For two gay men in the Deep South, fighting for love and family can lead to one beautiful, sexy, and unexpected knock out . . .
In college, an “are you sure you’re gay?” experiment with his (female) best friend left Sterling Harper married with a baby on the way. Eleven years later, his life is flipped upside-down—his wife has died, his “little boy” is transitioning to her new life as a girl, Alexa, and his embittered in-laws have proven too transphobic to babysit for the summer like they’d planned. They’re fighting for custody of Alexa, though, so Sterling can’t afford to give them more ammunition. If only there were a nice, conservative, trans-preteen-friendly nanny available on short notice . . .
Jericho Johnston doesn’t do “conservative,” but Alexa takes to him immediately. He’s got a teaching job lined up for the fall, a killer smile, and loads of charisma . . . but he is not going back in the proverbial closet. It doesn’t take long for the two men to go from comrades-in-arms against their rarified community to two men in love. This kicks off the looming custody battle with Sterling’s bigoted in-laws, though, and the idea of two gay men raising a trans daughter isn’t going over well with anyone. Now, with so much to lose, Sterling and Jericho must fight harder than ever—for themselves, for Alexa, and for their future.
This is the third book in a series, but can be read as a standalone - I haven't read the previous books, and had no issues at all here.
When in college, Sterling had a little "are you sure you're gay" experiment with his female best friend, which resulted in a pregnancy and a subsequent marriage. Now 11 years later, Sterling has lost his wife, and is now raising Alexa, his transgender daughter, on his own.
As his in-laws are homophobic and transphobic a$$holes who continue to deadname Sterling's daughter, even when repeatedly told not to, he's not willing to leave Alexa with them for the summer as planned, and hires someone to be a live-in nanny instead, while he goes to work as a busy dentist in an practice he hopes to buy out at some point.
Enter Jericho. Needing a transitional job before starting a teaching position after the summer, Jericho jumps at the chance to move in with Sterling and Alexa. As a gay POC, he knows only too well how bigoted people in the Deep South still are, and it comes as no surprise to him that the in-laws are a$$holes.
With close proximity, the two men build a strong friendship that slowly turns to more - while falling in love wasn't in the plans, love happens when you least expect it. Obviously, Sterling coming out as gay, having a gay live-in lover, and raising his daughter, enrages the in-laws, and they sue for custody.
I really like both Sterling and Jericho quite a bit. Sterling clearly struggles - not only is he deeply in the closet, he's also realizing that loving his daughter for who she is unfortunately isn't enough. He has to learn to navigate the waters of handling a pre-teen, with all that entails, on top of Alexa's transition and the subsequent issues at school and elsewhere (people are awful, as expected). Sterling needs to find some backbone - his desire to keep everyone happy, to not argue, to not stand up for himself only backfires, and it wasn't until the very last moment that he found the strength to fight back, just in the nick of time.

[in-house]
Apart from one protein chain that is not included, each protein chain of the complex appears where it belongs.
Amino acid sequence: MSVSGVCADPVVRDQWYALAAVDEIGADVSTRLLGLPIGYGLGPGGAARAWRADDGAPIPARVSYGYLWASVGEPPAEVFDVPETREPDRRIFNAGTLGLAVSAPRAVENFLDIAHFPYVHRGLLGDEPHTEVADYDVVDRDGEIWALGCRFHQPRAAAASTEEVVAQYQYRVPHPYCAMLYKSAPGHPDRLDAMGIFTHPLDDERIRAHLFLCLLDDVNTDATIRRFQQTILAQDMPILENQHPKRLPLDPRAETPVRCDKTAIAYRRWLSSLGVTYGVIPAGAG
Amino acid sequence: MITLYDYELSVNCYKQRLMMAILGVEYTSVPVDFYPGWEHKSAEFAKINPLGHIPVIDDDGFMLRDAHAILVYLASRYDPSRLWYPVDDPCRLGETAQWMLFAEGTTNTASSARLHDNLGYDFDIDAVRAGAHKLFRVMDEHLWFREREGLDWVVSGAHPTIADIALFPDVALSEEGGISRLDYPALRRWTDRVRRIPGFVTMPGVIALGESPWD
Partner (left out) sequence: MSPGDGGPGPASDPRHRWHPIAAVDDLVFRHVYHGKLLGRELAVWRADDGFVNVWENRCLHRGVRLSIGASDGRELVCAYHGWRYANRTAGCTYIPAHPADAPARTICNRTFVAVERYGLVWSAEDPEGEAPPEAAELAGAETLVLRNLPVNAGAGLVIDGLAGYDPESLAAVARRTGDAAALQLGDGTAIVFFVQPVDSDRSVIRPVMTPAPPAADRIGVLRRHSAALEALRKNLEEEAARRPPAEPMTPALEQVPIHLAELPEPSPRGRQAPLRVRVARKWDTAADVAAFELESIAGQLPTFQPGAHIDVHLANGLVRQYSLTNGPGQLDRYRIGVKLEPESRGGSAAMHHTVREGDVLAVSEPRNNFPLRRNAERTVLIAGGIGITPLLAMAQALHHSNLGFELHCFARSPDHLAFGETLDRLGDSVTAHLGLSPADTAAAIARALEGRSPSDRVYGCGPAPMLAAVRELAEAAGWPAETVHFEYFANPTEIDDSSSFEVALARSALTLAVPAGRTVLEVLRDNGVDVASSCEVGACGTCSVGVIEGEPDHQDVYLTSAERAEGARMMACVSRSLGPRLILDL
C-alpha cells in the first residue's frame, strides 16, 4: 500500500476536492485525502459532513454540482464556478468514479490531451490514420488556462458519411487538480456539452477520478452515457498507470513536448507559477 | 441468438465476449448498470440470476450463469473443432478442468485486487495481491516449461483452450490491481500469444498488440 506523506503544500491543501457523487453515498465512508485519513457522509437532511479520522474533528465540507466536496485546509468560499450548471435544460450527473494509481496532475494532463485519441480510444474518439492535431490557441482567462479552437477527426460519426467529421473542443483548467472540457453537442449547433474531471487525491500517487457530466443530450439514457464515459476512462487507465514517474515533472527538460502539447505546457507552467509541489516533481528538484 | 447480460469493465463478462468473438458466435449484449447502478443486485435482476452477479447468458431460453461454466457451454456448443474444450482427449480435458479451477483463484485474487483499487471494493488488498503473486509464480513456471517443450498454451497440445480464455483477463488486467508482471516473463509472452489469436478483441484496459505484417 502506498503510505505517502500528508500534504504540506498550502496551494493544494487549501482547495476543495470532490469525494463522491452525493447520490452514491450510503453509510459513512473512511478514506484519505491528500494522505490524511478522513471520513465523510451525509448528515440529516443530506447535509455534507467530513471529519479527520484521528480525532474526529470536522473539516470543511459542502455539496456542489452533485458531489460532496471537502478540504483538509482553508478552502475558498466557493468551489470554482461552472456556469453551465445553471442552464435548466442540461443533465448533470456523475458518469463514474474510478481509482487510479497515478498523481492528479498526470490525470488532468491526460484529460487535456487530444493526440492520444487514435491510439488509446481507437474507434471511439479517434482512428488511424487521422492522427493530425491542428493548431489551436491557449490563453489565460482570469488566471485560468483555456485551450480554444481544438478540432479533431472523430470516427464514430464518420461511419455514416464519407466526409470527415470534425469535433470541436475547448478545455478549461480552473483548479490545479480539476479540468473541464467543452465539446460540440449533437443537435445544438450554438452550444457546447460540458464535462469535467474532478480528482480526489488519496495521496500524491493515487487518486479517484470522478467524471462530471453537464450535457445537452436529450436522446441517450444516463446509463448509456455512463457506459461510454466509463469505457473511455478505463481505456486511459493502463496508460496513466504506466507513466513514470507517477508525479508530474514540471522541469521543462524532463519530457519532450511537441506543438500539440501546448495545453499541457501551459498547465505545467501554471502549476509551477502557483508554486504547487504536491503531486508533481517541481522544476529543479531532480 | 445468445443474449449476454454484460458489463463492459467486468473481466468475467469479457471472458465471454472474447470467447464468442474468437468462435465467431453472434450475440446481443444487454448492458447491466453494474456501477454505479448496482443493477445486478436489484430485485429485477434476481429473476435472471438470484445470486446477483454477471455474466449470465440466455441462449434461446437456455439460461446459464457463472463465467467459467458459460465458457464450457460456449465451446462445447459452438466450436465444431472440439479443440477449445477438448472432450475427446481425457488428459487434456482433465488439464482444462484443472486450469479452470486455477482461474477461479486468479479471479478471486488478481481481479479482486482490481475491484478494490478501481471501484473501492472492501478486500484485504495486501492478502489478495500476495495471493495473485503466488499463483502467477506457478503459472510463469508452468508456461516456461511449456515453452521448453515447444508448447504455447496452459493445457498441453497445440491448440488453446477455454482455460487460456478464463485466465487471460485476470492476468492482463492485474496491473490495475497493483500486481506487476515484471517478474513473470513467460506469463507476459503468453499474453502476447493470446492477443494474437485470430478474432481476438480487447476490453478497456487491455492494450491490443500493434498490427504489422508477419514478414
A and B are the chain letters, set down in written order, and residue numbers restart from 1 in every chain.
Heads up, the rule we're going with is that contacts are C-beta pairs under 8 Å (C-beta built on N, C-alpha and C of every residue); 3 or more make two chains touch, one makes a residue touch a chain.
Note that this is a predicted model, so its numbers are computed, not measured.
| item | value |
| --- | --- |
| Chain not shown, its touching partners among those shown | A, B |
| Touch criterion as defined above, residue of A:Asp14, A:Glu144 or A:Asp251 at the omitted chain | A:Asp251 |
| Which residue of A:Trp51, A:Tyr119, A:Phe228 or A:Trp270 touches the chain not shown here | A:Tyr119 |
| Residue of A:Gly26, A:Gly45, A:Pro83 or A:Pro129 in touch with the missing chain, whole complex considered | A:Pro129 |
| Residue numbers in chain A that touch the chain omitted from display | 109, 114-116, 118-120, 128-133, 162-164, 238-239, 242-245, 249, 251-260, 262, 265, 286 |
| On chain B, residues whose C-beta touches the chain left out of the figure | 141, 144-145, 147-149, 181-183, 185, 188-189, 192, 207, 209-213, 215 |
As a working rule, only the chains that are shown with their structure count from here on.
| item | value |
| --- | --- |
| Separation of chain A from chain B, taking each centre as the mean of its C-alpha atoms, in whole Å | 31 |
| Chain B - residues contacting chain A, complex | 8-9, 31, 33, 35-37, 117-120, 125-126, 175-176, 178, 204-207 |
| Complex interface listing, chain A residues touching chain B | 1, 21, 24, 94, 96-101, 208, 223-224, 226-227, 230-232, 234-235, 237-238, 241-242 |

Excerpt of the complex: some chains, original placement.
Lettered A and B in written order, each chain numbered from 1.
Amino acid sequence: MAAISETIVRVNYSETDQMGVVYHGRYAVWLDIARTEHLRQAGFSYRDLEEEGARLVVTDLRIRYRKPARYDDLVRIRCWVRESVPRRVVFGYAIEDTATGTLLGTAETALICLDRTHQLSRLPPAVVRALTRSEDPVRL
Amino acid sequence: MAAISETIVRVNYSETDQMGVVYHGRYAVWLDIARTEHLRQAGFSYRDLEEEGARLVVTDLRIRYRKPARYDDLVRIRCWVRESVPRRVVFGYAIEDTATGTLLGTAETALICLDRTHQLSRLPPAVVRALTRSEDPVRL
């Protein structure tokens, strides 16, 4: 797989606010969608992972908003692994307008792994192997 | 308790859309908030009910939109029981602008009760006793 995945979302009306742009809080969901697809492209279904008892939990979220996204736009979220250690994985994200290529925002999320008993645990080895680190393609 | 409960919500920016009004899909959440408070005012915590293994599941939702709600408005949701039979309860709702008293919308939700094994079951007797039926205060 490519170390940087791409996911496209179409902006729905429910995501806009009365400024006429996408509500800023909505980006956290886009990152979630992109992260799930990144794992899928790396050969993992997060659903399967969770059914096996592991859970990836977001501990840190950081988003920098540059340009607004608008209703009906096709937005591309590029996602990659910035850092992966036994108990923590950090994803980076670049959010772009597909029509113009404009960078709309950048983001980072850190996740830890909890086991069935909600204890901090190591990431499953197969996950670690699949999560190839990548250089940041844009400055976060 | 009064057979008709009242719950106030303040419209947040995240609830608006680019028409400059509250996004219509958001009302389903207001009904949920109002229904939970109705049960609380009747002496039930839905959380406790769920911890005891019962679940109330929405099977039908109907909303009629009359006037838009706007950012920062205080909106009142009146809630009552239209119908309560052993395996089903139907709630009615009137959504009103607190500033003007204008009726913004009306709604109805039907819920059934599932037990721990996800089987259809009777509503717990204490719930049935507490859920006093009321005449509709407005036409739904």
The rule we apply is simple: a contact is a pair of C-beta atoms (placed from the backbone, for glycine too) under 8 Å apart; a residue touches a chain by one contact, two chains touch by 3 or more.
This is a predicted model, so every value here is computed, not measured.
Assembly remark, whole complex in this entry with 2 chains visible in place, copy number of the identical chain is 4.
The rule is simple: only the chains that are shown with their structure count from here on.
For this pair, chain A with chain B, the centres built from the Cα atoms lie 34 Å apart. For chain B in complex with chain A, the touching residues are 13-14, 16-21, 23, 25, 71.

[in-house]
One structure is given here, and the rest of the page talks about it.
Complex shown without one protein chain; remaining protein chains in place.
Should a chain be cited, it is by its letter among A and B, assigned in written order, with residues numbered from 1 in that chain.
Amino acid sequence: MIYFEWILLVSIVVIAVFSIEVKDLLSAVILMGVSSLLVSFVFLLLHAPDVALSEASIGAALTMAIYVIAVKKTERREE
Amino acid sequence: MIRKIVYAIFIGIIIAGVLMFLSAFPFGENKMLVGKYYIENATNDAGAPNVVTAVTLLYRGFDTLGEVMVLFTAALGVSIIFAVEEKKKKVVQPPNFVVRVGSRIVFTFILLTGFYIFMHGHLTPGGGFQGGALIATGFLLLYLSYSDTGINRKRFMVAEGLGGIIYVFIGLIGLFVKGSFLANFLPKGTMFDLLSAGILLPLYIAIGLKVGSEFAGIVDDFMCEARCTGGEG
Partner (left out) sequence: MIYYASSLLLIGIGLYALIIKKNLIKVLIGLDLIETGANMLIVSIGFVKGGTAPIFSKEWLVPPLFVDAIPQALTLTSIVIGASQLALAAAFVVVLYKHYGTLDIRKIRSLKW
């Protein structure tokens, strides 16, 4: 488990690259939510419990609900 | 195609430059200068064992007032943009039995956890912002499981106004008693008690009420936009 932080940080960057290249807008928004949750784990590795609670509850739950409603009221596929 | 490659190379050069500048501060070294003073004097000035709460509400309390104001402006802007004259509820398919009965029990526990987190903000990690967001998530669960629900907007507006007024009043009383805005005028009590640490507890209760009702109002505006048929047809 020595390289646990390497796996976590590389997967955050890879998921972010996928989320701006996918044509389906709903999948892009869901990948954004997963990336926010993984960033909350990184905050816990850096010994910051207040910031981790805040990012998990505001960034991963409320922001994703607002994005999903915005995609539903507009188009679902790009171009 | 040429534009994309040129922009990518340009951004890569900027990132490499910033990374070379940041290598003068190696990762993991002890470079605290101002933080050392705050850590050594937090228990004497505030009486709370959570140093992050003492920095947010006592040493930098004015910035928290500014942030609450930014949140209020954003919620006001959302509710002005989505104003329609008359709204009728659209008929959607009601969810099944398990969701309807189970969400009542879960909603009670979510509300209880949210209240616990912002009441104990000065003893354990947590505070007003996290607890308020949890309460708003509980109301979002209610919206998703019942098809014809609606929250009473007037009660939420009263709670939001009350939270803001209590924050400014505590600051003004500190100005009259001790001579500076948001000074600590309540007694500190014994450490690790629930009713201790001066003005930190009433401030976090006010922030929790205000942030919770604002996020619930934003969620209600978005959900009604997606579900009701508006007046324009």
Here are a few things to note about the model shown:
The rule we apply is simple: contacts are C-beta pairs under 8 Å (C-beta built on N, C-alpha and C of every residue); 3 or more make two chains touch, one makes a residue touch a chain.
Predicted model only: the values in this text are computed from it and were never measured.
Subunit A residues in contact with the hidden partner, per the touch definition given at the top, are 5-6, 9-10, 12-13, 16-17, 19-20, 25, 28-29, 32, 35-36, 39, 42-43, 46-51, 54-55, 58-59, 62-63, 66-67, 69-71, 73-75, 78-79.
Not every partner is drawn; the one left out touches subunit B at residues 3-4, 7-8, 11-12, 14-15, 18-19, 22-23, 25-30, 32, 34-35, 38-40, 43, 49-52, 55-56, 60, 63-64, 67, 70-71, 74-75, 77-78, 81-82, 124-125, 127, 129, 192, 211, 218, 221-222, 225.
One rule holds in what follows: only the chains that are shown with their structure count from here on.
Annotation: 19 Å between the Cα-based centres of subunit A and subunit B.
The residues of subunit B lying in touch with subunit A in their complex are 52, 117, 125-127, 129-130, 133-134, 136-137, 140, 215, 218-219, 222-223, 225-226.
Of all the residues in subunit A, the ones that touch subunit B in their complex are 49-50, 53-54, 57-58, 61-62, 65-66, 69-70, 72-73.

Jericho is much stronger than Sterling. Having dealt most of his life with prejudice in small town southern USA, he provides quiet support to Sterling as the man finds his way, but also becomes a strong advocate for Alexa's transition, shielding her from her grandparents' hate as much as he can. He's fully aware that the job is temporary, and that the relationship may not survive the summer, but he's willing to risk his heart to help Jed and Alexa navigate through the struggles.
While the in-laws appear to be caricature Southern
Obviously, there are some tense, nail-biting moments, as we fear with Sterling and Jericho to find out whether Alexa will be forced to live with the bigots and as the boy she isn't, or if she'll be allowed to stay with her father, who loves her unconditionally and only wants what is best for her.
Spoiler (not really) - Love Wins!
Thankfully, things are starting to slowly change in this country, despite those who are still screaming their bigotry from the pulpit, as the younger generations stop buying into hatred, and start looking at people as just that - people.
I loved this book. This is the type of book we clamor for - positive and inclusive of all things LGBTQ, and a realistic portrayal of complex characters. More of this, please!
** I received a free copy of this book from the publisher via Netgalley, in exchange for an honest review. **
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